Andy Murray believes he is ready to make Wimbledon history by becoming the first British man to win the grass-court Grand Slam for 73 years.
Murray starts his bid to emulate Fred Perry's 1936 triumph when he faces America's Robert Kendrick on Tuesday and the Scot is beginning to feel like this could be his year.
In the space of 12 months, Murray has gone from a pretender to a serious contender for all the major titles.
His last Wimbledon appearance was a brutal lesson in the harsh realities of life at the top as Rafael Nadal bludgeoned him into submission over three brutal sets in the quarter-finals.
That defeat, coming so soon after a dramatic fourth round victory over Richard Gasquet, was a hammer blow to Murray's pride. But the 22-year-old simply ramped up his fitness regime to help match Nadal's physical power and Roger Federer's sublime all-court game.
The results have been eye-catching. Murray has risen to third in the world rankings on the back of five ATP Tour titles this year, including his first grass-court victory at Queen's two weeks ago.
His deadly accurate serve and astute ground-strokes have already claimed Nadal and Federer's scalps this year so, understandably, Murray is quietly confident of enjoying a fortnight to remember in south-west London.
"I feel like I'm better equipped to win a Grand Slam this year than I was last year," he said. "I have a chance of winning, but I understand how difficult that is to do.
"I'd obviously love to win here. I enjoy playing on grass and I love playing at Wimbledon.
"Like I said, I feel like I'm ready to win a Grand Slam now, whereas last year I might not have been. But I understand how difficult it is. It's not an easy thing to do.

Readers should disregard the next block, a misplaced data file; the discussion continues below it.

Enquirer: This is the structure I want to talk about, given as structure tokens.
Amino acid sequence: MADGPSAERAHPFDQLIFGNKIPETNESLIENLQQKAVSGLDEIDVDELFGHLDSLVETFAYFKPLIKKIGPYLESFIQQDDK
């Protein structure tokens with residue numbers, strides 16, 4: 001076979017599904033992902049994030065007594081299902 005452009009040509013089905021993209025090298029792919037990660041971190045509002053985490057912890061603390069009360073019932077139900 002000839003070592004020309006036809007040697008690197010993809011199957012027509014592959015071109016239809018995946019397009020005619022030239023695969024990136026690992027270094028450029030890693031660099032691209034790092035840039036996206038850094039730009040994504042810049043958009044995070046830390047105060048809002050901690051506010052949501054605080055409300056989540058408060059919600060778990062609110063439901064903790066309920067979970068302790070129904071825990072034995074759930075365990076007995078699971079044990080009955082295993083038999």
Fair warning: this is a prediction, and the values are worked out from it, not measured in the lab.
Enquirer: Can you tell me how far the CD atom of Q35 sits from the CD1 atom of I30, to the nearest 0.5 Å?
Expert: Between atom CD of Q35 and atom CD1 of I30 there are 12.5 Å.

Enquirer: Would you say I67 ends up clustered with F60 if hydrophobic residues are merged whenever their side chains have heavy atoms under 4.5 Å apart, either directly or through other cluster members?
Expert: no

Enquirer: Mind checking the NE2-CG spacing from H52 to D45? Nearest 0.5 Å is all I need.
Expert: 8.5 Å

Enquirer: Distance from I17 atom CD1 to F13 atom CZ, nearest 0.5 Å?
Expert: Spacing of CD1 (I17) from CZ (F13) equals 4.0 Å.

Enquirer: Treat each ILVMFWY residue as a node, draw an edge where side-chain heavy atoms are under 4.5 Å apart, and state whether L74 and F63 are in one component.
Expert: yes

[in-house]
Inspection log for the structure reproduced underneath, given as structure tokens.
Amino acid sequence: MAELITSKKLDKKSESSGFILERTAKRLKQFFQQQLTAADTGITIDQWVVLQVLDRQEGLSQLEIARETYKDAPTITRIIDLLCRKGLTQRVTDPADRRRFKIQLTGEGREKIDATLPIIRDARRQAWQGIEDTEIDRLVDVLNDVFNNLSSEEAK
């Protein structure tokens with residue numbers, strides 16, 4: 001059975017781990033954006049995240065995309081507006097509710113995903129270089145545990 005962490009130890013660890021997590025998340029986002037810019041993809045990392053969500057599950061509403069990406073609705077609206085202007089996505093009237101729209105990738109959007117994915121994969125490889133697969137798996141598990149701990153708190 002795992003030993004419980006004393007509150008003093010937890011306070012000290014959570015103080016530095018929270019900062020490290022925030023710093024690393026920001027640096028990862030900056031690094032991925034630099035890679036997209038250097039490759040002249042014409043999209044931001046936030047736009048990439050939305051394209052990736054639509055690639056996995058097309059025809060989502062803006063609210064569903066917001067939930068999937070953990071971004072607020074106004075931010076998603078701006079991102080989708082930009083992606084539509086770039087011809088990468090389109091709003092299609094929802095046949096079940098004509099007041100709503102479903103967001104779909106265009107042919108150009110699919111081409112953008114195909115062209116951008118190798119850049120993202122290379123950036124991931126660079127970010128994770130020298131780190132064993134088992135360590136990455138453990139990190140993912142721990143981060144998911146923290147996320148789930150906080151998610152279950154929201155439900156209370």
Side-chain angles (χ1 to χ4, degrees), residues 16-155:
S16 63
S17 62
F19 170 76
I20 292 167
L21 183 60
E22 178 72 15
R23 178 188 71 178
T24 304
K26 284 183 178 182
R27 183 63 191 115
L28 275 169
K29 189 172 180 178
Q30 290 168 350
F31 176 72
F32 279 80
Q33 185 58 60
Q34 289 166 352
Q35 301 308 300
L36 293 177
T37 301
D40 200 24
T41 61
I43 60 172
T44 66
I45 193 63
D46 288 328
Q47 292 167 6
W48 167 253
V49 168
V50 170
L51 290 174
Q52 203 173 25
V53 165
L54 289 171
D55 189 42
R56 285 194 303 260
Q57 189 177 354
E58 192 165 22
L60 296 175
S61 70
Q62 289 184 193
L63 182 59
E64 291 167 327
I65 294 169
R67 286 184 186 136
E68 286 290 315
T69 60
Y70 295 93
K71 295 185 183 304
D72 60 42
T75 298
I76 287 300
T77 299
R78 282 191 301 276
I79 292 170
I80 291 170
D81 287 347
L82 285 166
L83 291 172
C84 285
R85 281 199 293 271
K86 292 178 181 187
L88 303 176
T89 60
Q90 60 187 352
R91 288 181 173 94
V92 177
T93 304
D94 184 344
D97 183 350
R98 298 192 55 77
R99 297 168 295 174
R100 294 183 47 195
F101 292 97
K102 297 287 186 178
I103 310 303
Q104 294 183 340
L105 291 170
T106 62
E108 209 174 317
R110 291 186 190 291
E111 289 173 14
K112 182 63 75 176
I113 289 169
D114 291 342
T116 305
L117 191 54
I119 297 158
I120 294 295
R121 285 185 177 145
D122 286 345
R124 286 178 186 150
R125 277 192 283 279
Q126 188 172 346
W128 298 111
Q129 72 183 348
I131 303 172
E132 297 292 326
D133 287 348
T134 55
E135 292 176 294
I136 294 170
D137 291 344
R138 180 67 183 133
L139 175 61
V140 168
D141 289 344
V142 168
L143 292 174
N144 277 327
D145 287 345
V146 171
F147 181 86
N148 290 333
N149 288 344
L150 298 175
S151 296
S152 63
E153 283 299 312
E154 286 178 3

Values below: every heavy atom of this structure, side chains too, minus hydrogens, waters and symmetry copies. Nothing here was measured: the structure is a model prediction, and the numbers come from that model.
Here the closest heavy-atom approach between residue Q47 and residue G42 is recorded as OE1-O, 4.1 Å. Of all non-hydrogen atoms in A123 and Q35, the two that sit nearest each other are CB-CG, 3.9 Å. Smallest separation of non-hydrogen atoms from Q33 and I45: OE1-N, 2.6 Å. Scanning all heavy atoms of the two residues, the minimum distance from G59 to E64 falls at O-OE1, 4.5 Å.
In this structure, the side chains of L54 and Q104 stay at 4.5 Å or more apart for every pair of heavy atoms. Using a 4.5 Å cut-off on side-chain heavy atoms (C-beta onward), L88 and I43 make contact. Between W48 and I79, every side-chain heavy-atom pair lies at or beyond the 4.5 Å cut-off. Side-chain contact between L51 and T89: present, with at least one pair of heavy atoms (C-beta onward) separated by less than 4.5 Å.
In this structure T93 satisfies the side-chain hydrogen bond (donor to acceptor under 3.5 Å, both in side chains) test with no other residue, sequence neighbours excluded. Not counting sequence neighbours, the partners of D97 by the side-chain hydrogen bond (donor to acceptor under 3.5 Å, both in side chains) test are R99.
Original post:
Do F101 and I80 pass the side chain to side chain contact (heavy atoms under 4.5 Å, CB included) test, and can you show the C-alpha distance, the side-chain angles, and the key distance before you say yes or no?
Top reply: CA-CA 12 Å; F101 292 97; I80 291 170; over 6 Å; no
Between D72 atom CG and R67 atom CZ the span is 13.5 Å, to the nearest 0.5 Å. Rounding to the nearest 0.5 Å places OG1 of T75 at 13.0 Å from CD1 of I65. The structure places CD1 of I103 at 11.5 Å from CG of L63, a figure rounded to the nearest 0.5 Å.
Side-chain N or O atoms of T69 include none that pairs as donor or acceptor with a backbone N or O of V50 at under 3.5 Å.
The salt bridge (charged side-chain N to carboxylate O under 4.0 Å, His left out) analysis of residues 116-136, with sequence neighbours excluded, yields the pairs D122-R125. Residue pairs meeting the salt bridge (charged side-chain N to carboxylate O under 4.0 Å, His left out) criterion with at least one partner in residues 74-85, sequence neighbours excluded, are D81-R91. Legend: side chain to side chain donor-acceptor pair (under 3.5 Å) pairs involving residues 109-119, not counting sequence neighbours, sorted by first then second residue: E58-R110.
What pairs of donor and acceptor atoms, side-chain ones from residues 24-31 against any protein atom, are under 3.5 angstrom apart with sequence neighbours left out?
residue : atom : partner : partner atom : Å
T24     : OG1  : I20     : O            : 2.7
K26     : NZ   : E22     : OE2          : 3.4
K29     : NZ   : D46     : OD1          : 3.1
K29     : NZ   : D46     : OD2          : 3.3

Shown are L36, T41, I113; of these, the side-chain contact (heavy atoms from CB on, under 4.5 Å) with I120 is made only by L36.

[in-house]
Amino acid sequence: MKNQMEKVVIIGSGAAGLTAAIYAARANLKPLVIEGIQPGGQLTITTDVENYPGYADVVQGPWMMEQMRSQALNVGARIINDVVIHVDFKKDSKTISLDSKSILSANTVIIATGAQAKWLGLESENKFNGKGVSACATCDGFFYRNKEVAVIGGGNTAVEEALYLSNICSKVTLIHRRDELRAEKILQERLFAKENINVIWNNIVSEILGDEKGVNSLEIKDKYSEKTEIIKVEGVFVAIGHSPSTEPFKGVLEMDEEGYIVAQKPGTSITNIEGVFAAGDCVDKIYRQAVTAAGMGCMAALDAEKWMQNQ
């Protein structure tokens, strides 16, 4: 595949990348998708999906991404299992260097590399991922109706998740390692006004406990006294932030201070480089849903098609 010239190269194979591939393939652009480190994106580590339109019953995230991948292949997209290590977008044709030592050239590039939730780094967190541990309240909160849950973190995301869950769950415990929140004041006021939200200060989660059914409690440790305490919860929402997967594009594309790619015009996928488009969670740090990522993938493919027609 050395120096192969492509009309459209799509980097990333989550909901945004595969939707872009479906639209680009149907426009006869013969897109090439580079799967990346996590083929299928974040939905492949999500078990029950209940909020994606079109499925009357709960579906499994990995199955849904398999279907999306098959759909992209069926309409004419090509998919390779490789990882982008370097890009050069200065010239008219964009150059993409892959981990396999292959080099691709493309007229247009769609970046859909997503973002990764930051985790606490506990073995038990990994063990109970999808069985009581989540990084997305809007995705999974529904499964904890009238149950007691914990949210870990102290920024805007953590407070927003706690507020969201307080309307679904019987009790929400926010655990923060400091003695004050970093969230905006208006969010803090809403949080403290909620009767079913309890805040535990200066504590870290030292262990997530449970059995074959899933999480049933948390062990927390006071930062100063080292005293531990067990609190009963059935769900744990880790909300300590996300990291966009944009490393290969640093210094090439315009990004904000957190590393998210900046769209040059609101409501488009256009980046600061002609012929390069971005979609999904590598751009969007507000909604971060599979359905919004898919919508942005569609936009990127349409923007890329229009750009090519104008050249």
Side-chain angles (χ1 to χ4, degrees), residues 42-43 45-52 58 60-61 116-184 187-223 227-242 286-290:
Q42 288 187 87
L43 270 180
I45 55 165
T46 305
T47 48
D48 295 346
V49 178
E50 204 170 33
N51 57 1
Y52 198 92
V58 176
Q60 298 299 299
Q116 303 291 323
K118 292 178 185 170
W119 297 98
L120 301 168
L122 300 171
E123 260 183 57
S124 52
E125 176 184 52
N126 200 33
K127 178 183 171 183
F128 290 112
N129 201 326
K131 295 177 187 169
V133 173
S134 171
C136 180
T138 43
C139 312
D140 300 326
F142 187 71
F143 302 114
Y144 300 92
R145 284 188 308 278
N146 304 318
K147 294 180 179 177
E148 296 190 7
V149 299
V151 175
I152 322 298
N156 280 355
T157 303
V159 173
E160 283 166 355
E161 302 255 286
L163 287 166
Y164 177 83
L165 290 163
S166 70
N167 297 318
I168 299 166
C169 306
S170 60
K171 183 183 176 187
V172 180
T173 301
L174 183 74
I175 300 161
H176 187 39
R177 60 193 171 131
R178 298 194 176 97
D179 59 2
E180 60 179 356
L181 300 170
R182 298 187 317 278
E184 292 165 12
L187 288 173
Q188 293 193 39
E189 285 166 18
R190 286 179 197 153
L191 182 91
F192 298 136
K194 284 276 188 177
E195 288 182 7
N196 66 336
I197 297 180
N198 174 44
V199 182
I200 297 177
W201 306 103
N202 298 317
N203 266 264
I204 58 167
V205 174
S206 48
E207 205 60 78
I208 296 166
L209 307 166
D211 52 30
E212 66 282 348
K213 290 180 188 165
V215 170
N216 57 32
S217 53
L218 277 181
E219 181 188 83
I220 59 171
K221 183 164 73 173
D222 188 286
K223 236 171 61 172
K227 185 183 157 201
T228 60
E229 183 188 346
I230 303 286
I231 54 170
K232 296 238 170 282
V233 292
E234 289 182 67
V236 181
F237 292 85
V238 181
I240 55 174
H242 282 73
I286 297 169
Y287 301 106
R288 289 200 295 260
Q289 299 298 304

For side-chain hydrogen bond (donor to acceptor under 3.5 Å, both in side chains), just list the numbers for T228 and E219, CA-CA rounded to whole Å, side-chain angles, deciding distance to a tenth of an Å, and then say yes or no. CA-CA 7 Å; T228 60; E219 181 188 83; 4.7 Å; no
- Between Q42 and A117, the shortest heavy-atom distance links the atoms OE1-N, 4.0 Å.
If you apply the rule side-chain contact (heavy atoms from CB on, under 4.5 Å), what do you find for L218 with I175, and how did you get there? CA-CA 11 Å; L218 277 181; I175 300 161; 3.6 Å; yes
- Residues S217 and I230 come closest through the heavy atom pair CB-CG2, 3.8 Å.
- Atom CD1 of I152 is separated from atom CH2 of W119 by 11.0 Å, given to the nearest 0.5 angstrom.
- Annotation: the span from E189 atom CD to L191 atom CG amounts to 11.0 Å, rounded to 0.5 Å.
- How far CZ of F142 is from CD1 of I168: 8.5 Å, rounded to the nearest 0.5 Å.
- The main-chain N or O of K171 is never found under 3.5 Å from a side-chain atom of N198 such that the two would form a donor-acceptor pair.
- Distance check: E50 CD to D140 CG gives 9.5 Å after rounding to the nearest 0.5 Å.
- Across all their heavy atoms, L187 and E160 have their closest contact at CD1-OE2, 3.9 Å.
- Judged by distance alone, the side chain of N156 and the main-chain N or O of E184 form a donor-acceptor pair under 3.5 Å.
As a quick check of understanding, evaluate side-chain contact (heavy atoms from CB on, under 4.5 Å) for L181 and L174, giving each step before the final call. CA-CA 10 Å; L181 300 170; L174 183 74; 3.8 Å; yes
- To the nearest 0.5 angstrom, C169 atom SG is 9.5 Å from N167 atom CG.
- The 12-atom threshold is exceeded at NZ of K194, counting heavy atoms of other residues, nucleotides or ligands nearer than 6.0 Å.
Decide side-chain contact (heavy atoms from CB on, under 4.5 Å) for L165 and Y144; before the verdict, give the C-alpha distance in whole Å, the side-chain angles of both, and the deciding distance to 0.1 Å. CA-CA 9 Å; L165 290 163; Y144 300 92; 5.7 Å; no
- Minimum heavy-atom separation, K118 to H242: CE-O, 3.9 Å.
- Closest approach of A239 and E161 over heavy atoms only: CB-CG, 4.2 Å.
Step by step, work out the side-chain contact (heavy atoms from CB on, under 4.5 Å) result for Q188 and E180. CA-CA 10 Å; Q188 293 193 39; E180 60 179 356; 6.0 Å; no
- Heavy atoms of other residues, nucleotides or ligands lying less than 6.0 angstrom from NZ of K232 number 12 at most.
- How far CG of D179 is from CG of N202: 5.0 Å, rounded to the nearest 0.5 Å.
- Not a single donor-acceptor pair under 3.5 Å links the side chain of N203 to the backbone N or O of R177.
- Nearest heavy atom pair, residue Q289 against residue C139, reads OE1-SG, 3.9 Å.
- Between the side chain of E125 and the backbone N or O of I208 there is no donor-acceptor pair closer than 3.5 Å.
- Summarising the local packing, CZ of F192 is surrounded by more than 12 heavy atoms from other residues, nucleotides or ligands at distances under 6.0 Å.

"Federer's made the last six finals of Wimbledon and he's the big favorite going into the tournament.
"I've never won a Grand Slam before but I think I've got a chance of doing it here.
"I need to play my best tennis ever to do it. It's not like it's gonna come easily. Slams don't come easily, and I'm sure the guys that have won them will tell you that. I understand how big a challenge it is."
Murray's cause would be helped if he can harness the support of the Wimbledon crowd, who have never embraced the Scot with anything like the passion they showed for Tim Henman.
With 'Hen-mania' firmly consigned to the history books, Murray is the only hope of a British success story, yet his sometimes surly demeanour earned him few fans at his first few Wimbledons.
He is a far more engaging character now however. Last year's victory over Gasquet was the first occasion when the crowd really got behind him and he is hoping for more of the same this year.
"I did watch quite a few of Tim's matches the last few years of his career and the support was great," Murray said. "Anytime you can play in front of a home crowd in any sport it is a huge advantage.
"In football and basketball, home court or playing a home match is huge. I view tennis as being the same thing. You've got 15,000 people behind you here.
"Tim, I'm sure, played some of the best tennis of his career here. I think the crowd had something to do with that."
Murray's path to the final looks far less daunting now defending champion Nadal has pulled out with knee tendinitis as the pair were due to meet in the semi-finals.
Even a potential final with five-time champion Federer would hold few fears for Murray, who leads their career meetings 6-2. But the Scot has no intention of getting ahead of himself.
For now Kendrick is the only player he is worried about.
"He has a big game. He plays very aggressive and takes a lot of chances so there's no chance of me underestimating him," Murray said.